The use of tarot as an instrument for divination and predicting the future came well after the creation of the deck and the games that are played with it. Jean-Baptiste Alliette, who called himself Etteilla, using an anagram of his surname, was primarily responsible for the original development. In 1770, the Frenchman published a book explaining how to read the future using a deck of 32 cards which was popular at the time for the game of Piquet. Note that the method did not refer to the tarot, which was virtually unknown in the Paris region at the time. Antoine Court de Gébelin, a Protestant pastor of French origin, then published his work Le Monde primitif ("The Primeval World") in nine volumes between 1773 and 1782. Gébelin suggested a symbolic association between tarot figures and the mysticism of ancient Egypt, but did not refer to the use of tarot cards with divinatory purposes. His work inspired Etteilla to use this deck associated with his own method of predicting the future. Over the course of several years, his sharp commercial efforts popularized the use of tarot as a mystical instrument, making Etteilla the great fortune teller of the age.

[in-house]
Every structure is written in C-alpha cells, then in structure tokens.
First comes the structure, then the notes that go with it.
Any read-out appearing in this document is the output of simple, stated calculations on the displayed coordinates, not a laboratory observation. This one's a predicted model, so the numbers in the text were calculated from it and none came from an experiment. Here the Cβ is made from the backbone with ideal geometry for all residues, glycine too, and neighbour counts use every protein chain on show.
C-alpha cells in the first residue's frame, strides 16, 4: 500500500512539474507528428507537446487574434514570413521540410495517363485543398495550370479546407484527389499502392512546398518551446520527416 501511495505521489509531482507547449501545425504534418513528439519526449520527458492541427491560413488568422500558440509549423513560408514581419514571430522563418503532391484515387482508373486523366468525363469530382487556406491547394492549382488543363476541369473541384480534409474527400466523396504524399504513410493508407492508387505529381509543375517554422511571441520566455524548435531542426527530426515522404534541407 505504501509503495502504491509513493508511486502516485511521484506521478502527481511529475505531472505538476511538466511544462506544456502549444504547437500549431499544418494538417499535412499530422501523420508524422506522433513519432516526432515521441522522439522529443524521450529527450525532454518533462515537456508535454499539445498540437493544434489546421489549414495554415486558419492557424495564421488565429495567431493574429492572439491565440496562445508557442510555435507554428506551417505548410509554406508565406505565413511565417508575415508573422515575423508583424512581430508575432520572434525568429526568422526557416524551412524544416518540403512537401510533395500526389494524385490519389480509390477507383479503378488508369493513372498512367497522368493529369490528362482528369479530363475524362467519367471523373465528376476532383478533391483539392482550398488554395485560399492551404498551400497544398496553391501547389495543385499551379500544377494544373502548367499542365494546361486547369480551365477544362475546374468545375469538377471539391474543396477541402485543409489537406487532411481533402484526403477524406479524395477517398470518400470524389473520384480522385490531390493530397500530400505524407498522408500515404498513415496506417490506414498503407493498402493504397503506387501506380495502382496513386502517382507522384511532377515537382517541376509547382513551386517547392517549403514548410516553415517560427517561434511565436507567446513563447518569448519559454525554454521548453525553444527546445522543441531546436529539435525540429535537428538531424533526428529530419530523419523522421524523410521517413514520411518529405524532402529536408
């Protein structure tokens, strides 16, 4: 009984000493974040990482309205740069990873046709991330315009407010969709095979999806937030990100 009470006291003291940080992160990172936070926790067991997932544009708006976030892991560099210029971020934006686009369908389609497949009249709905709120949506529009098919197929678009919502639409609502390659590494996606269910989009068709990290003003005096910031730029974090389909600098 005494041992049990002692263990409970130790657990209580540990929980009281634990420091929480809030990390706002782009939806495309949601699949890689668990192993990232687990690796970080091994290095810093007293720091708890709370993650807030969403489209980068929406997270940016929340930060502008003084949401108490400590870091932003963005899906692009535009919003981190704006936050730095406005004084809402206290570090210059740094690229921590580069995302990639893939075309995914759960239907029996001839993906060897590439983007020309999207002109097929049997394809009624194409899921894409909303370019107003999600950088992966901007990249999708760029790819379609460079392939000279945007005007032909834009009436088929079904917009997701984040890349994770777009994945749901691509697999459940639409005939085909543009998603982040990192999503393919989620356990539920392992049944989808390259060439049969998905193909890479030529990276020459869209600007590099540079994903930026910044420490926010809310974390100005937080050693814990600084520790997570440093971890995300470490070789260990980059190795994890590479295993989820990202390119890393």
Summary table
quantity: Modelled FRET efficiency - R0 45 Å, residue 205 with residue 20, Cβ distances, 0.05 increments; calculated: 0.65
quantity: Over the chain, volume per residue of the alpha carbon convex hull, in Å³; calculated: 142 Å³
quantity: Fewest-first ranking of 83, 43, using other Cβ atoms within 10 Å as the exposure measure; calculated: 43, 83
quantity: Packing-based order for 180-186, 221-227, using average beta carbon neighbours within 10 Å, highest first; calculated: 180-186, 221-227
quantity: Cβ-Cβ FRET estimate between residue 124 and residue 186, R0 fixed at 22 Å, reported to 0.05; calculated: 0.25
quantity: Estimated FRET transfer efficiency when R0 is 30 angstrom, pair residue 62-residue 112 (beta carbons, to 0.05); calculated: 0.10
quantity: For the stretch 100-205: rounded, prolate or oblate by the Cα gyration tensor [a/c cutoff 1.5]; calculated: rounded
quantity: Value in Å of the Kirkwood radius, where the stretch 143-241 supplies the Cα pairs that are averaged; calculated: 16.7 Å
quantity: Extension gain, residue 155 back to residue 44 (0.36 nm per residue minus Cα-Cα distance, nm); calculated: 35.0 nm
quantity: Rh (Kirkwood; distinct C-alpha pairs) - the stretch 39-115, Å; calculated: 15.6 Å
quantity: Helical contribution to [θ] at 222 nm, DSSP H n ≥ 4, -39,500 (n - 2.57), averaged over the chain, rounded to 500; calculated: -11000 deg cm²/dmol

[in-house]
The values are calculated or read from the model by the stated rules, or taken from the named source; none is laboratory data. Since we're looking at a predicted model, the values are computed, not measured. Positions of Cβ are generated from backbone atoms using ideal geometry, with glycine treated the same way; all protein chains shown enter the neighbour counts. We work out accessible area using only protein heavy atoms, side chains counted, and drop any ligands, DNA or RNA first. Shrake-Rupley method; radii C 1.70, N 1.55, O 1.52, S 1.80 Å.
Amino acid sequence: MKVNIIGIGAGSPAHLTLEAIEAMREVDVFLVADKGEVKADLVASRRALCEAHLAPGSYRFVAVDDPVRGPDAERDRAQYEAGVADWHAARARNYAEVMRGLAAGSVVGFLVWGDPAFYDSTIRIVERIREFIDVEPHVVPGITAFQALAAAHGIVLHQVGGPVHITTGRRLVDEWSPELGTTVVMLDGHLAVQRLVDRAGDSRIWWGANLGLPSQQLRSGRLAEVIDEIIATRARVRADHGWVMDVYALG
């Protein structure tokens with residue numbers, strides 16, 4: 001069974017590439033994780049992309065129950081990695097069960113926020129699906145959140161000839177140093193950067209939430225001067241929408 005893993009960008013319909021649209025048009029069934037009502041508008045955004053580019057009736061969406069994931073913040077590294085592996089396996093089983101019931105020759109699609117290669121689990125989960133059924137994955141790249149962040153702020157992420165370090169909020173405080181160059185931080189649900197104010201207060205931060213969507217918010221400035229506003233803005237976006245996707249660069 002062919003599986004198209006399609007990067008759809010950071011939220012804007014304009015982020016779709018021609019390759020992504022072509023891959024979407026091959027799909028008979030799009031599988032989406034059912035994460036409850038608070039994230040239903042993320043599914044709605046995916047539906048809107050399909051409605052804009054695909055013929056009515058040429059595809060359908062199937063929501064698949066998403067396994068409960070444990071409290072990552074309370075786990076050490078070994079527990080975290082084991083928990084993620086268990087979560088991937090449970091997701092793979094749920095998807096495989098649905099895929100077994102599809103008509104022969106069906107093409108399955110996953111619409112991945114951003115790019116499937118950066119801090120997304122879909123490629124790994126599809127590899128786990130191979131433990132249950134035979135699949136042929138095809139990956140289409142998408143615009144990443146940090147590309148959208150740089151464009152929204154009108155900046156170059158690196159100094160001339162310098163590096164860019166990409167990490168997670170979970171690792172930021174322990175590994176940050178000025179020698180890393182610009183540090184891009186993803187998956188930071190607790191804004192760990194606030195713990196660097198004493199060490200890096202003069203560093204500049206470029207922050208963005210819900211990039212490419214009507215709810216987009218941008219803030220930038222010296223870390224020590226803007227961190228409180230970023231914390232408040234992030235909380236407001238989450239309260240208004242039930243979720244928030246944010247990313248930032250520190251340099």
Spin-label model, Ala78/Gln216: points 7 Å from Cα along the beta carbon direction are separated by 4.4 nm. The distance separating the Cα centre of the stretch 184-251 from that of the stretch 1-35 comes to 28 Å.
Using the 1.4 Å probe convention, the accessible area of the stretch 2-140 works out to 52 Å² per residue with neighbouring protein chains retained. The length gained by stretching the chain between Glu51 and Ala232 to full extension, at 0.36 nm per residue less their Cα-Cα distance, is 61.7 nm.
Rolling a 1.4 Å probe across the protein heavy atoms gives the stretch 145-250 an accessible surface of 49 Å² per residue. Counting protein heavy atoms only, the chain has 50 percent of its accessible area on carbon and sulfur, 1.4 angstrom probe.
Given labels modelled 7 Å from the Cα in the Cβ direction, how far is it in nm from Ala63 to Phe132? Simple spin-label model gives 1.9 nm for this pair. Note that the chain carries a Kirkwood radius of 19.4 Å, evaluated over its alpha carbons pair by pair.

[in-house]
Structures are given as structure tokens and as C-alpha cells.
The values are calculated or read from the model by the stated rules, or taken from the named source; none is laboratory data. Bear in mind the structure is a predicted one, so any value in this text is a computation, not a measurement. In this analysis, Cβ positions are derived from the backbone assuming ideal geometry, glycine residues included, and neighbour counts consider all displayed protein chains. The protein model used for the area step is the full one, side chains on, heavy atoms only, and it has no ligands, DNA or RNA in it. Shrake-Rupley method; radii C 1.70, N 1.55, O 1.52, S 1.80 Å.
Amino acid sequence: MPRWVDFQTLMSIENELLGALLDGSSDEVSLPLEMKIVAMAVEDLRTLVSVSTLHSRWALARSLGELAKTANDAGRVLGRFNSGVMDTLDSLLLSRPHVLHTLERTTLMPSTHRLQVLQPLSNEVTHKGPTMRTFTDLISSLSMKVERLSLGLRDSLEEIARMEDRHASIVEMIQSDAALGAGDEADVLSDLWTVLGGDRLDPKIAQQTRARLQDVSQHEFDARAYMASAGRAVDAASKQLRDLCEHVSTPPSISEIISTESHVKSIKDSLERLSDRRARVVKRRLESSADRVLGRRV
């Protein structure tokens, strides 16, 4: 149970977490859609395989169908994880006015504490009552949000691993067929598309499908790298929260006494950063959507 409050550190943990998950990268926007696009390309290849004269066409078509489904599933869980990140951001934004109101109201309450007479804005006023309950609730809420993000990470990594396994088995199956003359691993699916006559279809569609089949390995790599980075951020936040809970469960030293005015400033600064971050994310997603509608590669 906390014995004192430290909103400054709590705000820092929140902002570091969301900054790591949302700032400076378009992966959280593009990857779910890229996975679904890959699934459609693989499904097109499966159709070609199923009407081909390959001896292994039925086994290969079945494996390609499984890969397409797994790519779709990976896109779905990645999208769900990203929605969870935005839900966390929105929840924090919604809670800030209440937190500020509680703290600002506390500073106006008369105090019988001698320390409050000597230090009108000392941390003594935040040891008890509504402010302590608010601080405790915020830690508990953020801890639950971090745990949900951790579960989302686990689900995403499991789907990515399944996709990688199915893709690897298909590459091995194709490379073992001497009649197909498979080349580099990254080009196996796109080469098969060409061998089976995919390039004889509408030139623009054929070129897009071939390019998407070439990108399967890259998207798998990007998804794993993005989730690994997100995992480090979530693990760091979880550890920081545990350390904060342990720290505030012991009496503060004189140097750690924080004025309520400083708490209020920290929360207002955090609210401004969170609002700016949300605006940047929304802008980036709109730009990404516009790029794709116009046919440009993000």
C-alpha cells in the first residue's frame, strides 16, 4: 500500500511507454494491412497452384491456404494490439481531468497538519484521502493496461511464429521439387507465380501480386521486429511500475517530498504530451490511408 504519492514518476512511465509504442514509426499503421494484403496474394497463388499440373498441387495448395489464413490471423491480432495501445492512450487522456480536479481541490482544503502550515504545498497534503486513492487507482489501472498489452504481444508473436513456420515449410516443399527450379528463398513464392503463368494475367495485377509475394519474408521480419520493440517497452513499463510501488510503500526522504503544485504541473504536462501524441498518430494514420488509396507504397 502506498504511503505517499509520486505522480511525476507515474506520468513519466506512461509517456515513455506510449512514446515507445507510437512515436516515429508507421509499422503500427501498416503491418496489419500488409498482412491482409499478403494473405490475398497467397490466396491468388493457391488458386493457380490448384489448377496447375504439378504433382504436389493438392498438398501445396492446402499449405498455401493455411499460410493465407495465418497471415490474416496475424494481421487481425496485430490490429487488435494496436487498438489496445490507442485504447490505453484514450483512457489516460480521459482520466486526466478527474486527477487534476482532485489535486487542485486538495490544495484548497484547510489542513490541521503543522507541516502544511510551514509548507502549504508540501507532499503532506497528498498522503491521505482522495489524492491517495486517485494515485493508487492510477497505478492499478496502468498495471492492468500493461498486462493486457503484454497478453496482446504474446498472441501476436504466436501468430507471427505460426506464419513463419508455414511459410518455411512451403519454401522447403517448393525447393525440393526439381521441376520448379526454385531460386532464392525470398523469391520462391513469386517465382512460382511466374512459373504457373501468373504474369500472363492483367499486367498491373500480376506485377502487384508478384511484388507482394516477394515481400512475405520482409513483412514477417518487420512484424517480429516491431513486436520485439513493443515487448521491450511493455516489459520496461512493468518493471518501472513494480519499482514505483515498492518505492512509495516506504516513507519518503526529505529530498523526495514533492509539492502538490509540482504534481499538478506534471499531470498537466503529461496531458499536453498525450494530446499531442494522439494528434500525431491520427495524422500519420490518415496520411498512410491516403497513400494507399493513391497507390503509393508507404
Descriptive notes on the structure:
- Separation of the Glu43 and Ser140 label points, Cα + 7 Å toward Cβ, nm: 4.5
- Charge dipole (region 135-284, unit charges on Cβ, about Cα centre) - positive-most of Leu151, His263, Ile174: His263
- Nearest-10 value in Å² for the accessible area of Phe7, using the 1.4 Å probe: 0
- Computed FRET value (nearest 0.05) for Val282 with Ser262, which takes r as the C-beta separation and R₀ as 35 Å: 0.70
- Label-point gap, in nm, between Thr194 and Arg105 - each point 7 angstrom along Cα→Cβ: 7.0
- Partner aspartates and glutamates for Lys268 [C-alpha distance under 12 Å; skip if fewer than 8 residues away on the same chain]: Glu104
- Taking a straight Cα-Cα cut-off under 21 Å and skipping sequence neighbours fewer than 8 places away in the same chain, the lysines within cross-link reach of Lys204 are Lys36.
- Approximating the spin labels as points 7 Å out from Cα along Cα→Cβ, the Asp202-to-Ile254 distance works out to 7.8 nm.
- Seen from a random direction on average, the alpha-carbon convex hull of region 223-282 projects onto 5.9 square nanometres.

The practice of divination with playing cards, whether using Tarot or other cards, suffered a gradual decline at the end of the nineteenth century, tending to fall into complete obscurity, or becoming just a fun parlor game, with no connection to the occult and its associations. During this period, another Frenchman, born Alphonse-Louis Constant, who called himself Éliphas Lévi, came to revive the occult from its state of decline.
Followers of Éliphas Levi, often still using Court de Gébelin as a reference, developed the theme, maintaining the myth of fortune-telling with cards to the present today.
The French esoteric ideas linked to tarot had important repercussions in England, where they were developed by important occult movements such as the Golden Dawn, which began in 1887. From there, this form of tarot moved naturally to the colonies in the United States, where various authors and designers contributed toward tarots specially designed for esoteric purposes. The fact the game of tarot did not reach England, and was consequently unknown in the United States, resulted in this fantastic card game being seen only as a tool for divination in these countries, while in many parts of Europe it is still primarily understood as a popular, traditional and intelligent card game.
A discussion on the veracity of the use of tarot in predicting the future is beyond the scope of this article. It serves merely to recall and emphasize the playful origin of this special deck.